- Millaray Marincevic1,
- Nicola Cahill1,
- Rebeqa Gunnarsson2,
- Anders Isaksson1,
- Mahmoud Mansouri1,
- Hanna Göransson1,
- Markus Rasmusson1,
- Mattias Jansson1,
- Fergus Ryan3,
- Karin Karlsson2,
- Hans-Olov Adami4,
- Fred Davi5,
- Jesper Jurlander6,
- Gunnar Juliusson2,
- Kostas Stamatopoulus7 and
- Richard Rosenquist1,*
- 1 Uppsala University, Sweden;
- 2 Lund University, Sweden;
- 3 Dublin Institute of Technology, Ireland;
- 4 Karolinska Institutet, Sweden;
- 5 Hôpital Pitié-Salpêtrière et Université Pierre et Marie Curie, France;
- 6 Rigshospitalet, Denmark;
- 7 G. Papanicolaou Hospital, Greece
- ↵* Corresponding author; email:
Background. The existence of multiple subsets of chronic lymphocytic leukemia (CLL) cases expressing 'stereotyped' B-cell receptors (BCRs) implies involvement of antigen(s) in leukemogenesis. Studies also indicate that 'stereotypy' may influence clinical course in CLL, e.g. in subsets with stereotyped IGHV3-21 and IGHV4-34 BCRs; however, little is known regarding their genomic profile.
Design and Methods. We applied 250K SNP-arrays to study copy-number aberrations (CNAs) and copy-number neutral loss-of-heterozygosity (CNN-LOH) in stereotyped IGHV3-21 (subset #2, n=29), stereotyped IGHV4-34 (subset #4, n=17; subset #16, n=8) and non-subset #2 IGHV3-21 (n=13) and non-subset #4/16 IGHV4-34 (n=34) patients.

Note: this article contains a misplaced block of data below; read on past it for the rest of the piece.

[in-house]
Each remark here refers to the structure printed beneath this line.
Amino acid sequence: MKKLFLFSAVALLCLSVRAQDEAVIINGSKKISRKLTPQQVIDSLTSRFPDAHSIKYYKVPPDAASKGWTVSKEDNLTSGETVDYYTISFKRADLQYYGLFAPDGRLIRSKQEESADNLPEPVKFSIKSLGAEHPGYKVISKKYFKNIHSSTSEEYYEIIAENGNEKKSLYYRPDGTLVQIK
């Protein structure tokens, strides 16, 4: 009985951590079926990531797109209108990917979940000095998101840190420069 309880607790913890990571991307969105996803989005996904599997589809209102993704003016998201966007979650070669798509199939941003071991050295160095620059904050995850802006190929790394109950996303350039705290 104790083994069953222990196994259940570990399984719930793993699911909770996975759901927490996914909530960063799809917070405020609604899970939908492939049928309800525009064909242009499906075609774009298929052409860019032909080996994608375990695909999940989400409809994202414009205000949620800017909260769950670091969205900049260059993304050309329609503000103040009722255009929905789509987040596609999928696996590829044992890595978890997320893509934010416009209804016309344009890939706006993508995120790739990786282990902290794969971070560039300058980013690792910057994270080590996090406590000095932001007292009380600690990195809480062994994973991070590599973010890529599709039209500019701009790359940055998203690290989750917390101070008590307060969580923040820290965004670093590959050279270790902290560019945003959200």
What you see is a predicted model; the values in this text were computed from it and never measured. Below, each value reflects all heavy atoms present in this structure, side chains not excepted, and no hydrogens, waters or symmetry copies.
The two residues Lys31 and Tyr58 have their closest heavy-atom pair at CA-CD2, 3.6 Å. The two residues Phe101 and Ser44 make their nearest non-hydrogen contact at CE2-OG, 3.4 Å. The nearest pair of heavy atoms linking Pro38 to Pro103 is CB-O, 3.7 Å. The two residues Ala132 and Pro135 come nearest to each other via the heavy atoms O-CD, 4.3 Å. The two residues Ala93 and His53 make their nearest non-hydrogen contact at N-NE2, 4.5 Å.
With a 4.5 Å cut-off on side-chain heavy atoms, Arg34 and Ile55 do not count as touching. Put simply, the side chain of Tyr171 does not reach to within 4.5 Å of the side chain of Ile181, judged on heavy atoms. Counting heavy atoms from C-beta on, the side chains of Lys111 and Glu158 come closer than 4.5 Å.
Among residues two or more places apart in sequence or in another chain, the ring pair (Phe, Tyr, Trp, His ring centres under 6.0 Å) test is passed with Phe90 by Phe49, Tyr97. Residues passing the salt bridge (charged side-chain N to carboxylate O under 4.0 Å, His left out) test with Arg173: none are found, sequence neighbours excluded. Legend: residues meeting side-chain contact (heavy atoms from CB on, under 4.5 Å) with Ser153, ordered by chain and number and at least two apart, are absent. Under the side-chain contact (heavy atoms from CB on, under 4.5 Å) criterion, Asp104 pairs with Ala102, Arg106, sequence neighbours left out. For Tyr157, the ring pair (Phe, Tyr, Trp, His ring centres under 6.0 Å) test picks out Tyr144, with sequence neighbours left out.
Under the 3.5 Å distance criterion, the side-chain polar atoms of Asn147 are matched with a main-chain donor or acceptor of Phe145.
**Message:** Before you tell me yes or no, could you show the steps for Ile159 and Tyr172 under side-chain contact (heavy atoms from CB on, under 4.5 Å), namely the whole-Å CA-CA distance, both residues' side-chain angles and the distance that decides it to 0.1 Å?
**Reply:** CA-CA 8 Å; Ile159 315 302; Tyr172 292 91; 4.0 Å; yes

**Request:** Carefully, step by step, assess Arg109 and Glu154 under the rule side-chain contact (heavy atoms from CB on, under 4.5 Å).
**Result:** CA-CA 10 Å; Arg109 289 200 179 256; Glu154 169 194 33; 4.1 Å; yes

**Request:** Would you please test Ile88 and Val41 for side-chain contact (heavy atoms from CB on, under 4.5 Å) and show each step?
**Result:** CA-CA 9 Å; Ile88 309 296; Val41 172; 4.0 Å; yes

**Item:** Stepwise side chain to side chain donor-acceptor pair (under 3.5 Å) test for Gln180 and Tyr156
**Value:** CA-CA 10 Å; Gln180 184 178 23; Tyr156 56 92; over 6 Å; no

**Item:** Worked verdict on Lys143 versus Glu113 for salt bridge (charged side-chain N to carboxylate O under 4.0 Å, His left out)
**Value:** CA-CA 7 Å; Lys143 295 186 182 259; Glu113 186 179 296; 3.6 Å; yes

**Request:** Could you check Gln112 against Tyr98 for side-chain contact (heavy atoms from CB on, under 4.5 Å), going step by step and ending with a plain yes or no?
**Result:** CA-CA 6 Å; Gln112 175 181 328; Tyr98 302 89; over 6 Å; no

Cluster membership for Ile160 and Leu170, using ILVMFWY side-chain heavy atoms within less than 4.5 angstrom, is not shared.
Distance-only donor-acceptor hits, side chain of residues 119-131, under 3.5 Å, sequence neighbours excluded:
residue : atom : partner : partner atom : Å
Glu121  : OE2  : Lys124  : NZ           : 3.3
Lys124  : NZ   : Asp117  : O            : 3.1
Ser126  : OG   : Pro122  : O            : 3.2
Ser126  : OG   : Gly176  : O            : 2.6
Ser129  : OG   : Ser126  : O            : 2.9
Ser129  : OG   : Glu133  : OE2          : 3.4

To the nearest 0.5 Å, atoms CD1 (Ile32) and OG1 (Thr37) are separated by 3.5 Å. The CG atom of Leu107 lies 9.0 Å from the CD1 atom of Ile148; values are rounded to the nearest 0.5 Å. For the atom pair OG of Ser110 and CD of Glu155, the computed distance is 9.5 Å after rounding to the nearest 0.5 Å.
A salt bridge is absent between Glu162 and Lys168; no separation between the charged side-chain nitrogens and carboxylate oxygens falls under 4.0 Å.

Results. Over 90% of subset #2 and non-subset #2 carried CNAs, whereas 75-76% of subset #4 and subset #16 showed CNAs. Subset #2 and non-subset #2 also displayed a higher average number of aberrations compared to subset #4. Deletion of 13q was the only known recurrent aberration detected in subset #4 (35%), however, this aberration was even more frequent in subset #2 (79%). Furthermore, del(11q) was more frequent in subset #2 and non-subset #2 (31% and 23%) relative to subset #4 and non-subset #4/16 patients. Recurrent CNN-LOH was mainly detected on chromosome 13q, independent of BCR stereotypy.
Conclusions. Genomic aberrations were more common in subset #2 and non-subset #2 compared to subset #4. The particularly high frequency of del(11q) in subset #2 may be linked to the adverse outcome reported for these patients. Conversely, the lower prevalence of CNAs and the absence of poor-prognostic aberrations in subset #4 may reflect an inherent low-proliferative disease, thus preventing accumulation of genomic alterations.
- Received December 9, 2009.
- Accepted March 18, 2010.
- Copyright © 2010, Ferrata Storti Foundation